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Abstract  

The National Institute of Standards and Technology (NIST) recently released the second renewal of its Trace Elements in Coal Fly Ash Standard Reference Material (SRM 1633b). This new material is currently certified for 23 major, minor and trace elements, and concentrations of an additional 24 elements are provided for information only purposes. Current plans are to certify the concentrations of a number of rare earths upon completion of additional analytical work now in progress. Instrumental neutron activation analysis (INAA) has played a major role in the certification of this new material in view of its potential for accuracy, multielemental capability, ability to assess homogeneity, high sensitivity for many elements, and essentially blank-free nature. For an element to be certified in a NIST SRM its concentration is usually determined by at least two independent analytical techniques. INAA has provided analytical information for 15 of the 23 elements certified, as well as for 22 of the 24 elements listed for information only. In addition, INAA has provided much of the homogeneity information for this SRM. This paper will describe these analytical procedures, and highlight those designed to optimize and assess the accuracy of the INAA measurements.

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. , Pekrioglu A. ( 2005 ), Material properties of high volume fly ash cement paste structural fill . J. Mater. Civ. Eng. , 17 ( 6 ), 686 – 693 . [3] Praveer S

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Introduction Mineral admixtures such as silica fume (SF), ground granulated blast furnace slag (GBFS) and fly ash (FA) are commonly used in concrete because they may reduce the porosity and hence increase the durability and

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. Biodeterioration of composite based on coal fly ash, in CEST 2009, Proceedings of the 11th International Conference on Environmental Science and Technology , 3–5 September 2009, Chania, Crete, Greece. Chania: University of the Aegean, 2009. pp. b214–b221

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treating the appropriate raw materials [ 10 – 26 ]. Using the aforementioned procedure, we obtained belite cements (referred to as fly ash belite cement (FABC)), in which fly ash from coal combustion (class F [ 11 – 14 ] or class C [ 15 – 26 ]) was

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sources such as fly ash, furnace slag or metakaolin with alkaline liquids (sodium hydroxide and/or sodium silicate) and curing at a moderate temperature. Geopolymer properties can be tailored by varying the Si:Al ratio, and Davidovits [ 1 ] noted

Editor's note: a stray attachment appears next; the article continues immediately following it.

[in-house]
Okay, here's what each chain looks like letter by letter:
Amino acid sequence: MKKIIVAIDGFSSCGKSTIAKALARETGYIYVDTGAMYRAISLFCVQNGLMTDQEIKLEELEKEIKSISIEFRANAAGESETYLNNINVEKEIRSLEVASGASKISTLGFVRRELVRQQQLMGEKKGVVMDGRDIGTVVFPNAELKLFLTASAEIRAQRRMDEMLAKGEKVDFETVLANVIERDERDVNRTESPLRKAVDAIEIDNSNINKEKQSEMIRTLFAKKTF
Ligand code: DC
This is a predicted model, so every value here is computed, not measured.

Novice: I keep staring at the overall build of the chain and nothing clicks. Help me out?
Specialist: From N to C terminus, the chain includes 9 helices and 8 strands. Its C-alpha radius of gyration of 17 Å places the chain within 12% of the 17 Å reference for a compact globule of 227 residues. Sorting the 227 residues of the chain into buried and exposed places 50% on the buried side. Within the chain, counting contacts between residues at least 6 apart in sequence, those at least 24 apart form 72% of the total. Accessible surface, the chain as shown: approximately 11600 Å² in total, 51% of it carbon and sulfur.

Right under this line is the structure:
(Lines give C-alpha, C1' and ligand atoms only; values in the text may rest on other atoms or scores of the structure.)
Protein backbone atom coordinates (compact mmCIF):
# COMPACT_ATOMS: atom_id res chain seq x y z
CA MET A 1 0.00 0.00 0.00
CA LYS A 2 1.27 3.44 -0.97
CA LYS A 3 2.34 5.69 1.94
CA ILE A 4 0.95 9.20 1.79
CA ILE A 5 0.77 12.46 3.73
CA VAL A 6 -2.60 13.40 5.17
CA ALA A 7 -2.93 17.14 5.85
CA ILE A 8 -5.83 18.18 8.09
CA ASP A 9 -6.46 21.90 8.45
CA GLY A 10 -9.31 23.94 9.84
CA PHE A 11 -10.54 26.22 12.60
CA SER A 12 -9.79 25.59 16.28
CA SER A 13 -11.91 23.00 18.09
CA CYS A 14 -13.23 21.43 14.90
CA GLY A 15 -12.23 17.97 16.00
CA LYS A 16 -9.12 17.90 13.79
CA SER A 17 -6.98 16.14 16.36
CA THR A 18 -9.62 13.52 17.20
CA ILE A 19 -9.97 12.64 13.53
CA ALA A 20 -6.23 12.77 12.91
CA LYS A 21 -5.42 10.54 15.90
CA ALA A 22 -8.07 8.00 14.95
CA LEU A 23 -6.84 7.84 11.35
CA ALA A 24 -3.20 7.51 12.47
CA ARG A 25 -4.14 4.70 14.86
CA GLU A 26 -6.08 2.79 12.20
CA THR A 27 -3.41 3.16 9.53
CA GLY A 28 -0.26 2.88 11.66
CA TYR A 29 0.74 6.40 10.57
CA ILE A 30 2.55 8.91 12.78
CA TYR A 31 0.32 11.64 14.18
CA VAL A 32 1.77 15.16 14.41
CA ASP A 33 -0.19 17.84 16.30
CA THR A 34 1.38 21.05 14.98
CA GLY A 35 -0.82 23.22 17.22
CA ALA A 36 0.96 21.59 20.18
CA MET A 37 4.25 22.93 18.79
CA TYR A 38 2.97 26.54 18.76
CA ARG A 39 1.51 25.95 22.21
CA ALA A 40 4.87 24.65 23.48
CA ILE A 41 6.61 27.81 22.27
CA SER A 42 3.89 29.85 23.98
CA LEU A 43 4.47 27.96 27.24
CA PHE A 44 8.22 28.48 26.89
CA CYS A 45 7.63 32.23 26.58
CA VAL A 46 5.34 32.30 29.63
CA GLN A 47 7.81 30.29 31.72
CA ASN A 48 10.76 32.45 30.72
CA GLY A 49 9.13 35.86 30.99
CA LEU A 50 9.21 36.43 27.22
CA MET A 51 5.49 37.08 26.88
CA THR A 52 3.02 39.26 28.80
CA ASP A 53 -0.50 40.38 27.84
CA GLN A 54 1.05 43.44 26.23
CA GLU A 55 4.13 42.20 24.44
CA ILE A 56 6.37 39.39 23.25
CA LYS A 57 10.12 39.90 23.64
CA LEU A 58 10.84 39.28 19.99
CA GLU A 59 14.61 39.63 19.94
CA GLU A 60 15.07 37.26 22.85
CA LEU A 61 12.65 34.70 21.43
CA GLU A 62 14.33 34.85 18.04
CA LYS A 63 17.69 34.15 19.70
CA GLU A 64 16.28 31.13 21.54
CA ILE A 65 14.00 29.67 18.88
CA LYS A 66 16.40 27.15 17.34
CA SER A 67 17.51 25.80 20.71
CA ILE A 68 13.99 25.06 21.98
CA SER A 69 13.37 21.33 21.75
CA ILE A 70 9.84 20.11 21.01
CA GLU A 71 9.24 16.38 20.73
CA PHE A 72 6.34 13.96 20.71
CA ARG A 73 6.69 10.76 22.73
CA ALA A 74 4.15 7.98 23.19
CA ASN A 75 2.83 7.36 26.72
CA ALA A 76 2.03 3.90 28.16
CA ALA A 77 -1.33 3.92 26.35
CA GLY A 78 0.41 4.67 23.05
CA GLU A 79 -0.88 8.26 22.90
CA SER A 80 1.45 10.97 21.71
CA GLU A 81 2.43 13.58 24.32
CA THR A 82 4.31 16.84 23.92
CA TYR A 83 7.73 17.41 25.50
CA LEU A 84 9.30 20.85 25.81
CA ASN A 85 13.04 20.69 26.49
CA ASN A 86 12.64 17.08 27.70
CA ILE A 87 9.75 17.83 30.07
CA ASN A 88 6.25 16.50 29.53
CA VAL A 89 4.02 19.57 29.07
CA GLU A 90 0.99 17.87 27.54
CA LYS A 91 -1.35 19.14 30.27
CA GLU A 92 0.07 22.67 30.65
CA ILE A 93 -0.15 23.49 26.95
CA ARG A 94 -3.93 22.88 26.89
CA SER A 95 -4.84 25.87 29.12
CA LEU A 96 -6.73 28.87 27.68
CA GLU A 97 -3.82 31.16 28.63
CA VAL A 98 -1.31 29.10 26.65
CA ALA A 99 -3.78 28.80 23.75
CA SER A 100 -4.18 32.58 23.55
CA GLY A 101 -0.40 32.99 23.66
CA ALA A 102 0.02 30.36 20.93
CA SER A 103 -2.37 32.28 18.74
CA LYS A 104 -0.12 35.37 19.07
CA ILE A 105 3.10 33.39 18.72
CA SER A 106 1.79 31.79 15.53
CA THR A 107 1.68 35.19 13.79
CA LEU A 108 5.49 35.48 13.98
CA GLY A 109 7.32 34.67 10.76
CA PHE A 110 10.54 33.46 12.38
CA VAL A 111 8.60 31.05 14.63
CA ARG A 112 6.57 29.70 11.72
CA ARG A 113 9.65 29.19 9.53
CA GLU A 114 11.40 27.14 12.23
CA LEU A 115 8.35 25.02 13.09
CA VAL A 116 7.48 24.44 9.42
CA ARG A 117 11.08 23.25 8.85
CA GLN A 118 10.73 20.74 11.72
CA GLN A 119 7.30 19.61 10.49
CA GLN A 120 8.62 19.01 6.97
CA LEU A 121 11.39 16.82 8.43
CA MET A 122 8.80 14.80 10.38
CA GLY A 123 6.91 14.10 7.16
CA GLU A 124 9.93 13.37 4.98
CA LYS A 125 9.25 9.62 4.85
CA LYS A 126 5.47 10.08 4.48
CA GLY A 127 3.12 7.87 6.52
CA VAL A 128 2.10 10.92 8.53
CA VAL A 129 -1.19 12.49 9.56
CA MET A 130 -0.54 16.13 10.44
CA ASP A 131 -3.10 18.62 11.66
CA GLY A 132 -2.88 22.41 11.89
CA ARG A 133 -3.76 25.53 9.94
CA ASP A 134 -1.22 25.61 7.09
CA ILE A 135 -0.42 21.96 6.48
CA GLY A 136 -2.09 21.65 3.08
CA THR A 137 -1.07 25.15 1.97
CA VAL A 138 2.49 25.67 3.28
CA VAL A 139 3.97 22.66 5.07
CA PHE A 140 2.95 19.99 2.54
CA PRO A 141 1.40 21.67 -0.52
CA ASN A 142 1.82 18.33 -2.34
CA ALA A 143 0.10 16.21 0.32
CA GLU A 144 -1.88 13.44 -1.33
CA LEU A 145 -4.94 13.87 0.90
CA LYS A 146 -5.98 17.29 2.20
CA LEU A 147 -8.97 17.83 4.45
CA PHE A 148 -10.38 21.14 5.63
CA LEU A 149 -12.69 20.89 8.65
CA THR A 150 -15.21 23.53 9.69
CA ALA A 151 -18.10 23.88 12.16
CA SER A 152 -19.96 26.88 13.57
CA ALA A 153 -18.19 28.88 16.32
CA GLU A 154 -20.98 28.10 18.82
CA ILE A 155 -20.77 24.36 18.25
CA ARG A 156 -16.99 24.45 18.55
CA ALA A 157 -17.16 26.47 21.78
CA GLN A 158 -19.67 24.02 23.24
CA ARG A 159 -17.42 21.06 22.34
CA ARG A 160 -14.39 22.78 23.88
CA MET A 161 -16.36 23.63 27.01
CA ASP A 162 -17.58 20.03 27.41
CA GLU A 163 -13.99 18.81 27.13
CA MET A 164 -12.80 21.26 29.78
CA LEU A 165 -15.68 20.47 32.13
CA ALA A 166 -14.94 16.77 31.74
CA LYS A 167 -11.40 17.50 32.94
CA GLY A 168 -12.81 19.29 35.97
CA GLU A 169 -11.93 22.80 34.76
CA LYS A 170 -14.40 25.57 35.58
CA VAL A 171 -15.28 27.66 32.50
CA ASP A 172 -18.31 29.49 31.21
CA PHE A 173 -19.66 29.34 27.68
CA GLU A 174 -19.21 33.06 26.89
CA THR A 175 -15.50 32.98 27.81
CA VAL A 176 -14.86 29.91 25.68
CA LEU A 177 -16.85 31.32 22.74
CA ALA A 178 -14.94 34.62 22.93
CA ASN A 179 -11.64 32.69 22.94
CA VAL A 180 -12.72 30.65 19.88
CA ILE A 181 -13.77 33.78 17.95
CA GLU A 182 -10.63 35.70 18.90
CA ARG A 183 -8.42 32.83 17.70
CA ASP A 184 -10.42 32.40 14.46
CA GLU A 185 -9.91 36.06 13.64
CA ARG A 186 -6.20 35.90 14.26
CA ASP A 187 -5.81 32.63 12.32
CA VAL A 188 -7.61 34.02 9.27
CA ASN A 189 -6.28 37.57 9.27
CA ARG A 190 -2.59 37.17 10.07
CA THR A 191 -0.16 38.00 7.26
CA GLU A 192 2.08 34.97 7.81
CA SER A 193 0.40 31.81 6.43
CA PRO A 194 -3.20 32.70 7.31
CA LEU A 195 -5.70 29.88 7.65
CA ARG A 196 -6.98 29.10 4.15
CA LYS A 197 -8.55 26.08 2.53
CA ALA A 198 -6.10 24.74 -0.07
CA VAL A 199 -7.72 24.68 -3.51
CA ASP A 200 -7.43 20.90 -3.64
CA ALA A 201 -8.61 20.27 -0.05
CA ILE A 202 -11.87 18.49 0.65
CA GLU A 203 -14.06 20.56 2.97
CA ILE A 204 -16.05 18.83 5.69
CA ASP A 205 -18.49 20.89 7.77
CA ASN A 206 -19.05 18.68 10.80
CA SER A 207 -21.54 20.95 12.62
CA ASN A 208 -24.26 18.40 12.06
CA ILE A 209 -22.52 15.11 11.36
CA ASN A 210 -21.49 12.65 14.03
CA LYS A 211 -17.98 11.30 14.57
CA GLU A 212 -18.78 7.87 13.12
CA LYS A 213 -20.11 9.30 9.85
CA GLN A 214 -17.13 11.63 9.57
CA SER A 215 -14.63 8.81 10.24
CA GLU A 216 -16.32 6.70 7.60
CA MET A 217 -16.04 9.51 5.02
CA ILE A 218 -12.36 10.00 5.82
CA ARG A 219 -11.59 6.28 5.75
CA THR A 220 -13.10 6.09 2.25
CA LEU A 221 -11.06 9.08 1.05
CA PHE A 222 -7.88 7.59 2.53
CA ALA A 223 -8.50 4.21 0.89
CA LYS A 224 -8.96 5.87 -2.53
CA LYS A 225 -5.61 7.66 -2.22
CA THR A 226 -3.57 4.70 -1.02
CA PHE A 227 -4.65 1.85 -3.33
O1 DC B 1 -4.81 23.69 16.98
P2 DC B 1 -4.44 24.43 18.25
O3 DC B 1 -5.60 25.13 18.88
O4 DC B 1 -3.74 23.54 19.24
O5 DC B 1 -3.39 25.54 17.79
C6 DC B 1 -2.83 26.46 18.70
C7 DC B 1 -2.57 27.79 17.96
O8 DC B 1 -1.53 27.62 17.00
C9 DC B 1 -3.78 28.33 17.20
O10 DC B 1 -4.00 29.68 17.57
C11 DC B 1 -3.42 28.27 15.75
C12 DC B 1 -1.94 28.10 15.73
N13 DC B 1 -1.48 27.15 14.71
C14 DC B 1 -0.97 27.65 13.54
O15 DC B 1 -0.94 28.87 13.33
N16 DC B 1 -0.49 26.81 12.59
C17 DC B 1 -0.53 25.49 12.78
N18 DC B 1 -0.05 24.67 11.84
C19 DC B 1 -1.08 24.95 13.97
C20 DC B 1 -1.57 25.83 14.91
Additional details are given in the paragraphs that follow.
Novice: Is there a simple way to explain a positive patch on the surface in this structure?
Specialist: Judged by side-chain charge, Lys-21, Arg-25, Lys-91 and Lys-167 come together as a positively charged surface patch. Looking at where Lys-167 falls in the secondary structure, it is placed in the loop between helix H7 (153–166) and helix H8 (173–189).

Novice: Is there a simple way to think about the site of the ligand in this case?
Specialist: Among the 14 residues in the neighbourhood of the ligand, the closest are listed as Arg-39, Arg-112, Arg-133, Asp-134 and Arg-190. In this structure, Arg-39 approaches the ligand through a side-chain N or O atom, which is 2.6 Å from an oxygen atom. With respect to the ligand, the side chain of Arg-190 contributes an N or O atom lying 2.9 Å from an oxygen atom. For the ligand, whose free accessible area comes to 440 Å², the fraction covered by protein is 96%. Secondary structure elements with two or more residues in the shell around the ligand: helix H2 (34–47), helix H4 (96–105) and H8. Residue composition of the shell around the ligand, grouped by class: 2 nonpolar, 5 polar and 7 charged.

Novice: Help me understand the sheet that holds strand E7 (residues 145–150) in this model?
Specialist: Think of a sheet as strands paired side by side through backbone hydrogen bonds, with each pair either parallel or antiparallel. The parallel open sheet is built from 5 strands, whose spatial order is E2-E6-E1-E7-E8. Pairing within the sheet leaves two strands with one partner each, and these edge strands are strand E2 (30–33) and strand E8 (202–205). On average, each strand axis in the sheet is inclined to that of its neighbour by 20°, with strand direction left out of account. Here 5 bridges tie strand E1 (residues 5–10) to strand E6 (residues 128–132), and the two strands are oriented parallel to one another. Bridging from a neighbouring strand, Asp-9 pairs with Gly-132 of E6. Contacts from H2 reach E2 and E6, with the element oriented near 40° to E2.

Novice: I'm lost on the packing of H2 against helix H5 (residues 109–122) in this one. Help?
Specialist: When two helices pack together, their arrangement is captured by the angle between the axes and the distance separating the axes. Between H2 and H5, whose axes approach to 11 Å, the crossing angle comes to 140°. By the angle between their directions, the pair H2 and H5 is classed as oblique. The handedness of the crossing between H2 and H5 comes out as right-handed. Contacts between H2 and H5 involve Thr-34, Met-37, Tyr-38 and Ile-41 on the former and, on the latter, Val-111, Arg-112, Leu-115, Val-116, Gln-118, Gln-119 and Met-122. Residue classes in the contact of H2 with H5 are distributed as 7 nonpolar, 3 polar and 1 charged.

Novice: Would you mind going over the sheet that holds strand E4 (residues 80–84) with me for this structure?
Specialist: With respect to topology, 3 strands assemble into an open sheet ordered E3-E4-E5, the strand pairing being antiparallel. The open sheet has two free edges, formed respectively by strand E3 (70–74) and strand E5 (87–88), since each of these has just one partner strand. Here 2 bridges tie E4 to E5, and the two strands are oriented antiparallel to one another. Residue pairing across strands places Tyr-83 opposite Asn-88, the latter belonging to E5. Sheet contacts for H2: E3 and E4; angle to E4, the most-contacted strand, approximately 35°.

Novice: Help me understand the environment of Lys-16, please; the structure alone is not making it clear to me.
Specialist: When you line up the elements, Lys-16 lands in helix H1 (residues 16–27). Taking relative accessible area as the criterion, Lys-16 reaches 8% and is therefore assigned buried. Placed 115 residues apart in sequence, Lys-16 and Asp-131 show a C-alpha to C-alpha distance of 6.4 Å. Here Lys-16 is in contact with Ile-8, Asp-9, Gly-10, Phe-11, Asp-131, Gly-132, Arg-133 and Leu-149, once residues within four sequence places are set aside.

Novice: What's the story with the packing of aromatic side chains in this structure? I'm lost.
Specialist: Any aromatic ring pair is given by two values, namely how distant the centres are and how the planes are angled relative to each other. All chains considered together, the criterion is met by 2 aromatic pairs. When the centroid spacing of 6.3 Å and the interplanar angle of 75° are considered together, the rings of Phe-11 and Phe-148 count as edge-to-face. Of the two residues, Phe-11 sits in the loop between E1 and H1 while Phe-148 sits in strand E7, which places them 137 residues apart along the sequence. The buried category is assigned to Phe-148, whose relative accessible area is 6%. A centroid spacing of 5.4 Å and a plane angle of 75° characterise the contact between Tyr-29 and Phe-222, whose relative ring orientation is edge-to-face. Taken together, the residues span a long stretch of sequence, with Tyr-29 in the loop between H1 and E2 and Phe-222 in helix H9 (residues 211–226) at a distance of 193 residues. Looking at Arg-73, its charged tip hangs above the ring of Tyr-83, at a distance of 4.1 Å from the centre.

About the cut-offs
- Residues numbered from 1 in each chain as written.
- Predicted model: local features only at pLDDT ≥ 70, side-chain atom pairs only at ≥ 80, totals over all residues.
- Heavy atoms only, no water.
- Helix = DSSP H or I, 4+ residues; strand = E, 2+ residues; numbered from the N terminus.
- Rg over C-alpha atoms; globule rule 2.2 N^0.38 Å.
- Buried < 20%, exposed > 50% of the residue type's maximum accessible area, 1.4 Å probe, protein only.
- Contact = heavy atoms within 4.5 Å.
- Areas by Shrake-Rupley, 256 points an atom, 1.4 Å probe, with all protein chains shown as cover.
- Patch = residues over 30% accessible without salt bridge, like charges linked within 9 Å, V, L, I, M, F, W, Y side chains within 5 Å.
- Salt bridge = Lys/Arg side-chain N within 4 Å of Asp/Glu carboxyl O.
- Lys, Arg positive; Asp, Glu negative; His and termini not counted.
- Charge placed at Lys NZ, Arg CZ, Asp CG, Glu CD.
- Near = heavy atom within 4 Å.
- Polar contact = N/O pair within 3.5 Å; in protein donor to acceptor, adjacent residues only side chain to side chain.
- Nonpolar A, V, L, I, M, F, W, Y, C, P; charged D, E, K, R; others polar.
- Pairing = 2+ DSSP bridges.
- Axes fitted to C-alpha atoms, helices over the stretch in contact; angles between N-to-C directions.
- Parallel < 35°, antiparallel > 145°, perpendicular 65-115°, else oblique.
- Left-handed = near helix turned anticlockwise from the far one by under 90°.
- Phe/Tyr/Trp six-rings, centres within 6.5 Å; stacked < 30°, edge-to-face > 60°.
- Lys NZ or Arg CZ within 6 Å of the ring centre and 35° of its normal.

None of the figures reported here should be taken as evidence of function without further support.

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of municipal solid-waste combustion bottom ash using soluable phophate. Waste Management. 20. 135–148. Dermatas , D. & Meng , X., 2003. Utilization of fly ash for stabilization/solidification of heavy

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Adriano, D. C., Weber, J. T. (2001): Influence of fly ash on soil physical properties and turf grass establishment. J. Environ. Qual. , 30 , 596–601. Weber J. T

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of biomass–lignite co-firing, at 15 % mass participation of biomass in the mixture ( C corn, L lignite, S beech sawdust) Fig. 9 Mass concentration of fly ash

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Abstract  

In this work, the pozzolanic and hydraulic properties of ashes originating from various sources were studied in model systems such as ash and ash-lime pastes. The sources of studied ashes were: fluidized combustion of brown coal, pulverized combustion of brown coal and pulverized combustion of hard coal. This article is a continuation of our previously published studies on cement pastes with mentioned ashes. The following experimental techniques were applied: calorimetry, thermal analysis (TG, DTG) and infrared absorption (IR). Previously drawn conclusions relating to the reactivity of ashes in an environment containing Ca2+ ions were confirmed. According to these conclusions, an ash originating from fluidized combustion of coal exhibited higher reactivity compared to other ashes from pulverized combustion. Pozzolanic and hydraulic properties of this ash were also confirmed. Differences in the behaviour of ashes originating from pulverized combustion of various types of coal in the presence of water and Ca2+ rich environment were demonstrated.

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